The Education Committee’s report notes that the DfE's workload challenge is largely welcomed. It adds, however, that there’s a scepticism about the real impact in schools:

The recommendations from the workload challenge will not bring about a change in school behaviour unless schools have the time and desire to implement them.

While workload is an issue, it’s not difficult to throw out other reasons why a teacher may leave a school, or even leave teaching altogether. The budget pressures on the sector mean that the sector is not the most pleasant place to work right now. Budgets are being cut and pay rises will be harder to come by. Headteachers have spoken about how their financial situations have forced them to make teachers and support staff redundant in order to keep afloat.

The sector also seems to be in constant flux, jutting between different policies and initiatives to such an extent that the Education Committee report recommends that one way to help workload and therefore recruitment and retention would be to just calm down a bit with changes to accountability, assessment and the curriculum. It’s unsurprising that a few teachers might be looking outside the profession.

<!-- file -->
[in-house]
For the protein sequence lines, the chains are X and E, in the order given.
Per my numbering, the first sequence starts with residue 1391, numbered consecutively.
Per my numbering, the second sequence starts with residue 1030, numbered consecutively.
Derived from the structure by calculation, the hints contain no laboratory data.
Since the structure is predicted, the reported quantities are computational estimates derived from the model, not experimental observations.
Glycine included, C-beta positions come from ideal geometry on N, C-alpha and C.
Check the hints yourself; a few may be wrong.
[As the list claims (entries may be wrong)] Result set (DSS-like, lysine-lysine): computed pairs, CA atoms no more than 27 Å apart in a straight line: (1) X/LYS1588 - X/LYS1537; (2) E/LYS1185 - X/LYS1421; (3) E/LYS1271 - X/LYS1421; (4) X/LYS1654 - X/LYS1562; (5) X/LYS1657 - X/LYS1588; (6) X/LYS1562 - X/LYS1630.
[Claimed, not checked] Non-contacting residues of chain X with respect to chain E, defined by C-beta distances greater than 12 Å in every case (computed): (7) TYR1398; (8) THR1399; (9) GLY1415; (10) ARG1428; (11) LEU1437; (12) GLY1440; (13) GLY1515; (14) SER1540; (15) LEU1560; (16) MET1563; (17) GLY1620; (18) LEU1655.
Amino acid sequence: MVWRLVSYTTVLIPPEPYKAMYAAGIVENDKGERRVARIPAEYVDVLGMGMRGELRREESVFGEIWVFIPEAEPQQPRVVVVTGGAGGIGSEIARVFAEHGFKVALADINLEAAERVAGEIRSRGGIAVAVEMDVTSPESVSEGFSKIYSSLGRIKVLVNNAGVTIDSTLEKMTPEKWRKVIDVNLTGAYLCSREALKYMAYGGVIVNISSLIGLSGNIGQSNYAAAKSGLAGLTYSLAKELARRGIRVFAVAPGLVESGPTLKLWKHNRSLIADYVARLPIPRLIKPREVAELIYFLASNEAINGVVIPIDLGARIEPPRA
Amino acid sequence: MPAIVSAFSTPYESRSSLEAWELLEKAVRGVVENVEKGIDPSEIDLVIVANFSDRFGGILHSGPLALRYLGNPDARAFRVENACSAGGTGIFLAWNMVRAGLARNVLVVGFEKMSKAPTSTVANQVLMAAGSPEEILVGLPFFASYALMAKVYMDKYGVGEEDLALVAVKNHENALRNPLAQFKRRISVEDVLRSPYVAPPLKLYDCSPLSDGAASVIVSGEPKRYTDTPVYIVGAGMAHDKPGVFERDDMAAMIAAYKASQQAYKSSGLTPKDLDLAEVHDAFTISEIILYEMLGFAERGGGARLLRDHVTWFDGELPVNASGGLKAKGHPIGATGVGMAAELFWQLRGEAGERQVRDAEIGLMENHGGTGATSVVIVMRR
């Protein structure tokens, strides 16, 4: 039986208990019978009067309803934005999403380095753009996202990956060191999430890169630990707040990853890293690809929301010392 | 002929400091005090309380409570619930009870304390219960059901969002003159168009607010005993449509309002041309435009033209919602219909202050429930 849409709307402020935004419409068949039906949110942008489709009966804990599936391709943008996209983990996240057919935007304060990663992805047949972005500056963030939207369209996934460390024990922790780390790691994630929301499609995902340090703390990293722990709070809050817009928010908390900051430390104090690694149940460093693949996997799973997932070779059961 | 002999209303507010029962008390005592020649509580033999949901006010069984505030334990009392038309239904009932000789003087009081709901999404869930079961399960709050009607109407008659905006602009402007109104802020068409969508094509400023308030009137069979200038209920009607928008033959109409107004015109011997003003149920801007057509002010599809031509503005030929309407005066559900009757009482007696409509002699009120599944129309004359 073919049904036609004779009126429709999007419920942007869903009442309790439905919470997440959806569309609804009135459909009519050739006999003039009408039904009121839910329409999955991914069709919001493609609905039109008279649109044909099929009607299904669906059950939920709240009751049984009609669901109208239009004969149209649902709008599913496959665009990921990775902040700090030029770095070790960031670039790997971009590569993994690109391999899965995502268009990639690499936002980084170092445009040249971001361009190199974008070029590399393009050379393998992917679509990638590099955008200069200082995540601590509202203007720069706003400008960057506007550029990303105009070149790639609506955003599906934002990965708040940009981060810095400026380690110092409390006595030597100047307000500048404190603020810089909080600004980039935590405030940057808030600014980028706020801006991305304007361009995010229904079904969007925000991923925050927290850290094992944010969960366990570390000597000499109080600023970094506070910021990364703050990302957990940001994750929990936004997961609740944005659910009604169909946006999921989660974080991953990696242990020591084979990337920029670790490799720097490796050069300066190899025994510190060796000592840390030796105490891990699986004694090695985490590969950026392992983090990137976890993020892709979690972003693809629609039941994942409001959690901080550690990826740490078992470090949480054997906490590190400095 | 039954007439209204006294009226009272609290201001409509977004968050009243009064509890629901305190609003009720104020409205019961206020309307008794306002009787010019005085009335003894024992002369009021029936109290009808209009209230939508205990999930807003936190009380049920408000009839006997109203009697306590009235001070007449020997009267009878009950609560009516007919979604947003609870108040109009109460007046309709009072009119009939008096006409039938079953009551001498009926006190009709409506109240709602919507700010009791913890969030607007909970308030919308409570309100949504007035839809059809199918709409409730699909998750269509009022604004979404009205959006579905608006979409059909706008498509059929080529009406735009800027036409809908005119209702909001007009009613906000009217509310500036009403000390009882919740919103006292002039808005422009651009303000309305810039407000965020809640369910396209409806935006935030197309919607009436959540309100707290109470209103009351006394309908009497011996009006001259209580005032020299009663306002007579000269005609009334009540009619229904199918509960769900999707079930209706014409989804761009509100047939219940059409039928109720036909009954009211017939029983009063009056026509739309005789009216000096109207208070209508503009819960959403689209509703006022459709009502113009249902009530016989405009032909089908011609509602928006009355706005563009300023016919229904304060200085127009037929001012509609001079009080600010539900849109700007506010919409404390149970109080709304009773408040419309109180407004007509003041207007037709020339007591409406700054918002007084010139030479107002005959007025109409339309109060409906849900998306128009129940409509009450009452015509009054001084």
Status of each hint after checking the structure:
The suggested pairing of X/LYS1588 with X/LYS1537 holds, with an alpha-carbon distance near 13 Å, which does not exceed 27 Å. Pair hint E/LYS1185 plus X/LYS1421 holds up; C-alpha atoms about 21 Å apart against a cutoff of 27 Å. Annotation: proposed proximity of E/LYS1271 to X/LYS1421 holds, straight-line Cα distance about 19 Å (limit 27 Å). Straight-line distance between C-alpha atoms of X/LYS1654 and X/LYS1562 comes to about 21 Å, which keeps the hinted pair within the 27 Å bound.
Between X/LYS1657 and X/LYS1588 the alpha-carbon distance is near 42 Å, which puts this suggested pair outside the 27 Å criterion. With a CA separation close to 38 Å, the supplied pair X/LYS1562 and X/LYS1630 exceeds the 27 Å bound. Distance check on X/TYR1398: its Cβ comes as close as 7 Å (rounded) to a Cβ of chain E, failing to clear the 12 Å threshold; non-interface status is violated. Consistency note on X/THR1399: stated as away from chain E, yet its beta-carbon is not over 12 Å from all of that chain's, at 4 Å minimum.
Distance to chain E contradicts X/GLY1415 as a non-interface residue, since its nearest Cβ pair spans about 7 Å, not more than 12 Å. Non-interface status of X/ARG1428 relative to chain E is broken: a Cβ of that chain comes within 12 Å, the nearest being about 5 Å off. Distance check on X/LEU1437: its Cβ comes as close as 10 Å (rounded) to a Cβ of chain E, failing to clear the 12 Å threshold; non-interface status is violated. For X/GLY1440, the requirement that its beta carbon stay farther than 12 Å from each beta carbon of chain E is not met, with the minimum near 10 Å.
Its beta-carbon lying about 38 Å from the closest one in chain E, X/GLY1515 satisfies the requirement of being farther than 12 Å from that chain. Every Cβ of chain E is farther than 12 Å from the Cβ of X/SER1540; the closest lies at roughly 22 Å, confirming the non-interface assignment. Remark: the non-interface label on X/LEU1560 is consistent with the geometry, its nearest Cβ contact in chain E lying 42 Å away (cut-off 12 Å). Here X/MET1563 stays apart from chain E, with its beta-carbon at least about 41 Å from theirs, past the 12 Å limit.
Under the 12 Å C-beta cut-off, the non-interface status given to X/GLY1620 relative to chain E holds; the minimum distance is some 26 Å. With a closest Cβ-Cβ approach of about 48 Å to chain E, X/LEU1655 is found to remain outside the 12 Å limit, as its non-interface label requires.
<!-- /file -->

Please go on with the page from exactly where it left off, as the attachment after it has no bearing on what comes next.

What can schools do?

So how can we make teachers stay? Recruitment and retention are intertwined. It makes sense that what makes teachers want to teach in a school is also likely to make them stay. The NFER report says that job satisfaction is the biggest predictor of whether a teacher will stay in their job. Similarly, support from above, appropriate levels of pay and being proud to work at the school are associated with an intent to stay.

These provide good general tips for retaining teachers. However, research and data on why exactly teachers leave is still lacking. Schools, however, can try to gain their own information. Conducting exit interviews with all staff who leave the school, whether they’re leaving the profession or moving to another school, is vital. In the same way that the DfE can’t address the national retention issues without knowing why people are leaving, neither can a school do the same on an individual level.

As the NFER report points out, disengaged staff are more likely to express a desire to leave. Schools may therefore find it useful to look at how to re-engage staff. In particular, if the NFER are correct, keep an eye on any weary male secondary school science teachers.